Microsoft Patches Office Zero-Day Used to Deliver Malware
Microsoft’s Patch Tuesday updates for October 2017 address a total of 62 vulnerabilities, including a critical Office zero-day flaw that has been exploited in targeted attacks.
The actively exploited vulnerability, tracked as CVE-2017-11826 and classified by Microsoft as “important,” is caused by a memory corruption issue. It allows a remote attacker to execute arbitrary code by getting the targeted user to open a specially crafted file. The zero-day affects all supported versions of Office.
The weakness was reported to Microsoft by researchers at China-based security firm Qihoo 360. The experts said they first observed an attack exploiting this vulnerability on September 28. The attacks targeted a small number of the company’s customers and they involved malicious RTF files.
Qihoo 360 has not provided too many details, but its analysis of the command and control (C&C) server used by the attackers showed that the operation was initiated in August and the first attacks were launched in September.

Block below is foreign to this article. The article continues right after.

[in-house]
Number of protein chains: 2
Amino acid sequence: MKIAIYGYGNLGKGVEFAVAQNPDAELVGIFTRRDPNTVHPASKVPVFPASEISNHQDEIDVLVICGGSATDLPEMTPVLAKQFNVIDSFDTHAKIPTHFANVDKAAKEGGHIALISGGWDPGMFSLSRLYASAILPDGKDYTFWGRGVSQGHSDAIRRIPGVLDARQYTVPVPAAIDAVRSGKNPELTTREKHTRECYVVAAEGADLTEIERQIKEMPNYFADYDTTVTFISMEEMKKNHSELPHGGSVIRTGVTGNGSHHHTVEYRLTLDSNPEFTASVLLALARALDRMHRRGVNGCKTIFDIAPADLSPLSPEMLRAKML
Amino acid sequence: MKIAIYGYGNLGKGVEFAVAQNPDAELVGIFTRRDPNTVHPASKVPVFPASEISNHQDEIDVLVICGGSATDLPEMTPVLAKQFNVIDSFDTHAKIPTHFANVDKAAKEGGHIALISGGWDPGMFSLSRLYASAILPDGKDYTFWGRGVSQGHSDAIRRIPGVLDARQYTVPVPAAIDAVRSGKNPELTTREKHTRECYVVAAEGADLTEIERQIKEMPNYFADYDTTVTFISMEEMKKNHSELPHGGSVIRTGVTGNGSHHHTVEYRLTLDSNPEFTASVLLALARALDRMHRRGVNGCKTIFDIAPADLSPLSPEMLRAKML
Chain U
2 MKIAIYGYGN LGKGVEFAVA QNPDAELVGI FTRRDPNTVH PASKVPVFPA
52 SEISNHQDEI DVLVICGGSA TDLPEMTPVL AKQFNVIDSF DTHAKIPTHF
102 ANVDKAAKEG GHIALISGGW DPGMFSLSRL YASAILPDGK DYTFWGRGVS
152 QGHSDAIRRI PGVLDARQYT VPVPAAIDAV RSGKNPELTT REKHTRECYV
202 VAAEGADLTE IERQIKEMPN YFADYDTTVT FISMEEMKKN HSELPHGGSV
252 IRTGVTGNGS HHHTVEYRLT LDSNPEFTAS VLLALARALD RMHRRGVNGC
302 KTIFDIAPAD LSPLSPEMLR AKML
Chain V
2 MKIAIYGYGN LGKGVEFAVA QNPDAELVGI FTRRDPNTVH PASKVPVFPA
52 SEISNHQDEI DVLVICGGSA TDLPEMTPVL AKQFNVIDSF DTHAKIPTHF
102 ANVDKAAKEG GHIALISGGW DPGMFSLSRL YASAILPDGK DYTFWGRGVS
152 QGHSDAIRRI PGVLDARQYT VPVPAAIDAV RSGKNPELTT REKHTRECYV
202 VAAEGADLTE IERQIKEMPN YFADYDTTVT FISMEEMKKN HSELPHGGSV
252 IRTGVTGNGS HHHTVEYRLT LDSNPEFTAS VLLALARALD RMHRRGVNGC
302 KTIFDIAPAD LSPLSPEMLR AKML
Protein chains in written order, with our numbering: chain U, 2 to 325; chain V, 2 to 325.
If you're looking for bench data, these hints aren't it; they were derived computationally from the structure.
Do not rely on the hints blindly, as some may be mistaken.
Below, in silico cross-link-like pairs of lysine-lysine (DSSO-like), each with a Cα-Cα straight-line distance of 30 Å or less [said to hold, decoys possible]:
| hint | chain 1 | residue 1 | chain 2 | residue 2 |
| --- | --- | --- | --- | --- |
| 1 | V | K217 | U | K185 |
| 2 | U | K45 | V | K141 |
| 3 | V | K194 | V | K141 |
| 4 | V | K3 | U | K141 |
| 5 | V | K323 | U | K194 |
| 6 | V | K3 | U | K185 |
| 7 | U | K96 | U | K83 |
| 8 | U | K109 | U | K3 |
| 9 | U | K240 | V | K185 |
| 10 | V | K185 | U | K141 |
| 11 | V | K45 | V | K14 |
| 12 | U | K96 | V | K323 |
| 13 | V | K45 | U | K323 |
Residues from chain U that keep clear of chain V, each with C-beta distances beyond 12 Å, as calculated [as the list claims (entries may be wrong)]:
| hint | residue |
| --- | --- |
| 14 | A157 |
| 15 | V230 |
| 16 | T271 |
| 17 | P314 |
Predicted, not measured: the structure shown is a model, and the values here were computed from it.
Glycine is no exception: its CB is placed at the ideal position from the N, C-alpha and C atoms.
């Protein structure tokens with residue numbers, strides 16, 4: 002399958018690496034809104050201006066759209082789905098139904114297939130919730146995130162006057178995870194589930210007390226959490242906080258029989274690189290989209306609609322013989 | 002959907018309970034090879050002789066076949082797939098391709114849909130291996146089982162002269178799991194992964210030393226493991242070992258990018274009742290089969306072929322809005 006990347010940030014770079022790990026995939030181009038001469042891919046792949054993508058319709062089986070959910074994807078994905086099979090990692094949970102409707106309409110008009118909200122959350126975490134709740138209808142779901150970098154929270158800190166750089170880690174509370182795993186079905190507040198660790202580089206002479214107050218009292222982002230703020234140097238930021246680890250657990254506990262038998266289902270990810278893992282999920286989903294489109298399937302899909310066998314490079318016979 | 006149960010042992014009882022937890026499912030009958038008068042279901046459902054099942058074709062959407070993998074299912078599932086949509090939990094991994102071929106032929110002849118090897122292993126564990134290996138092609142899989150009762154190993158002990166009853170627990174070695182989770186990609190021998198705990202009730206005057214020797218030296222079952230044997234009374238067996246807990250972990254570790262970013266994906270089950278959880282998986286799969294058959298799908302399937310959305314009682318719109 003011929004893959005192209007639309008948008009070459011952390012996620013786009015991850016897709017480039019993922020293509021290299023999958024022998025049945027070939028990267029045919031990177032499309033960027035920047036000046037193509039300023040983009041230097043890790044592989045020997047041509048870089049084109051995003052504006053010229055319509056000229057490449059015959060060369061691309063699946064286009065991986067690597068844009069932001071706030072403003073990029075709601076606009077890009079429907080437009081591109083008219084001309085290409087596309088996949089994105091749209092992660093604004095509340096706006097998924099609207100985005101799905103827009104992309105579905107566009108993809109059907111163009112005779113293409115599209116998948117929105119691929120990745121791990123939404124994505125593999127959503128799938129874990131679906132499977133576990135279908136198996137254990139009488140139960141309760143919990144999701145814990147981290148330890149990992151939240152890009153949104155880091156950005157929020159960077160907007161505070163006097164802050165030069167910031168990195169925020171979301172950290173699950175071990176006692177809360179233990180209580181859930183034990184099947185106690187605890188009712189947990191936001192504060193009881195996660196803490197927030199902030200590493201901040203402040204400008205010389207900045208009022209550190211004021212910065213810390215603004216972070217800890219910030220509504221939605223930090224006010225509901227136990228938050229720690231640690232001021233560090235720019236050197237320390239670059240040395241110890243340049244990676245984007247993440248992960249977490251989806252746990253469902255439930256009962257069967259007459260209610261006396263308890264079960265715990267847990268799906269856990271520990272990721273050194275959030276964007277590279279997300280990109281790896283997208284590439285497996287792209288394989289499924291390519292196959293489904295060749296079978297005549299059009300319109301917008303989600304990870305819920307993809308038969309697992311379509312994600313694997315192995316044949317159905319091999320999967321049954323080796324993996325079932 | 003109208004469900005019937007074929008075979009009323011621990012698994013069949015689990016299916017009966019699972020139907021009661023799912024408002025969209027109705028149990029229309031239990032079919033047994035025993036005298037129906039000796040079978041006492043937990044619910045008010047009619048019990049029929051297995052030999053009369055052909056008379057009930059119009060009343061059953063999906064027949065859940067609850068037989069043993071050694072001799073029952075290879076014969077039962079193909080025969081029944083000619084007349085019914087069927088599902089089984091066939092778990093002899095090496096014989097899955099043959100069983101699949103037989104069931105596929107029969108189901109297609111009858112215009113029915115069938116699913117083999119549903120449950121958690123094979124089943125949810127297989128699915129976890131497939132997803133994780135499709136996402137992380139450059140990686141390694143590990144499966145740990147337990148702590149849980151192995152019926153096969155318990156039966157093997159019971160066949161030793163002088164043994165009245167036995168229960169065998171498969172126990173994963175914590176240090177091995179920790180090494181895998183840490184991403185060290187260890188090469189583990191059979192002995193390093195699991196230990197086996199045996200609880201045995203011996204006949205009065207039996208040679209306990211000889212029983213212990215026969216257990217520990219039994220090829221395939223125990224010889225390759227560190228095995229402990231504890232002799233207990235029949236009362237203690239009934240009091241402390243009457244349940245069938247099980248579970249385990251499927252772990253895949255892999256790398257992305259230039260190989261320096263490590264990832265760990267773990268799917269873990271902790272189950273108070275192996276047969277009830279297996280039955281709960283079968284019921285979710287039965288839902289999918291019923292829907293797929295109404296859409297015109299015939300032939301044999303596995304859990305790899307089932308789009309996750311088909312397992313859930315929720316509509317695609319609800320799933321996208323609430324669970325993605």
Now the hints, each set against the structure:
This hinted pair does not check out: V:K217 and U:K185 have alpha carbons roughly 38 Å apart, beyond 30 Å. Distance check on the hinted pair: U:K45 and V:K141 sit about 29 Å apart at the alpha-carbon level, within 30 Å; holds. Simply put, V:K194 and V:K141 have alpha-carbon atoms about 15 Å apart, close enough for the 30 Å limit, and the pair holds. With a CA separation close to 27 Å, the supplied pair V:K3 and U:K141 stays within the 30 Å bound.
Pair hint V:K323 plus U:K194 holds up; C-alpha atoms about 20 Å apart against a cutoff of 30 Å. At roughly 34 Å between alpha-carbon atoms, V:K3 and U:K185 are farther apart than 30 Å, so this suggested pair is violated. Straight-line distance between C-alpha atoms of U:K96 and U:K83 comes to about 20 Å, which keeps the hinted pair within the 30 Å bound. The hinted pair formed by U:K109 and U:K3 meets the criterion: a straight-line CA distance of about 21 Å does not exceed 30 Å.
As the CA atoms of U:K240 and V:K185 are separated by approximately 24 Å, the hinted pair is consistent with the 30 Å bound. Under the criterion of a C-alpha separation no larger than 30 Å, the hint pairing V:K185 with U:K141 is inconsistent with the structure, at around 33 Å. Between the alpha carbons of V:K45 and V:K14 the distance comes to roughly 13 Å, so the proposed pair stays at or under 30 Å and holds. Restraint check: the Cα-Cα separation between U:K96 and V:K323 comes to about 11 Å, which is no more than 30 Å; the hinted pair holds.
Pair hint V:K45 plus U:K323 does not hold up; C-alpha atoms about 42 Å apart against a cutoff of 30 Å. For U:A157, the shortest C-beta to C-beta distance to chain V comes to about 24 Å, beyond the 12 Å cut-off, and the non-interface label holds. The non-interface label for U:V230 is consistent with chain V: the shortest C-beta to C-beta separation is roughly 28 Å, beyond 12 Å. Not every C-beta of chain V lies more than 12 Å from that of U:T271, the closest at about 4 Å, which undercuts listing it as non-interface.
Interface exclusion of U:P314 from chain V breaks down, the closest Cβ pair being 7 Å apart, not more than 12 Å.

Researchers said the hackers used phishing techniques to get the targeted users to open the malicious documents. The final payload was a Trojan designed to steal sensitive information from infected devices.
Qihoo 360 said the attack also involved a DLL hijacking vulnerability in a “well-known” security product. The affected cybersecurity vendor has not been named, but DLL hijacking flaws have been found in the products of several companies, including Symantec, Kaspersky Lab, Rapid7, F-Secure and Comodo.
Microsoft has also patched two vulnerabilities whose details were publicly disclosed before fixes were made available. This includes an XSS vulnerability in SharePoint (CVE-2017-11777), and a denial-of-service (DoS) issue in the Windows subsystem for Linux (CVE-2017-8703).
A total of 27 flaws have been classified as critical, including a remote code execution vulnerability related to Windows DNSAPI (CVE-2017-11779). Microsoft also published an advisory to warn users of a security feature bypass affecting the firmware of Infineon Trusted Platform Modules (TPMs).
The updates released by Microsoft last month patched roughly 80 vulnerabilities, including a .NET zero-day that had been exploited to deliver FinFisher malware to Russian-speaking individuals.
Adobe has not released any Patch Tuesday updates. If no patches are released until the end of the month, it will be the first time since July 2012.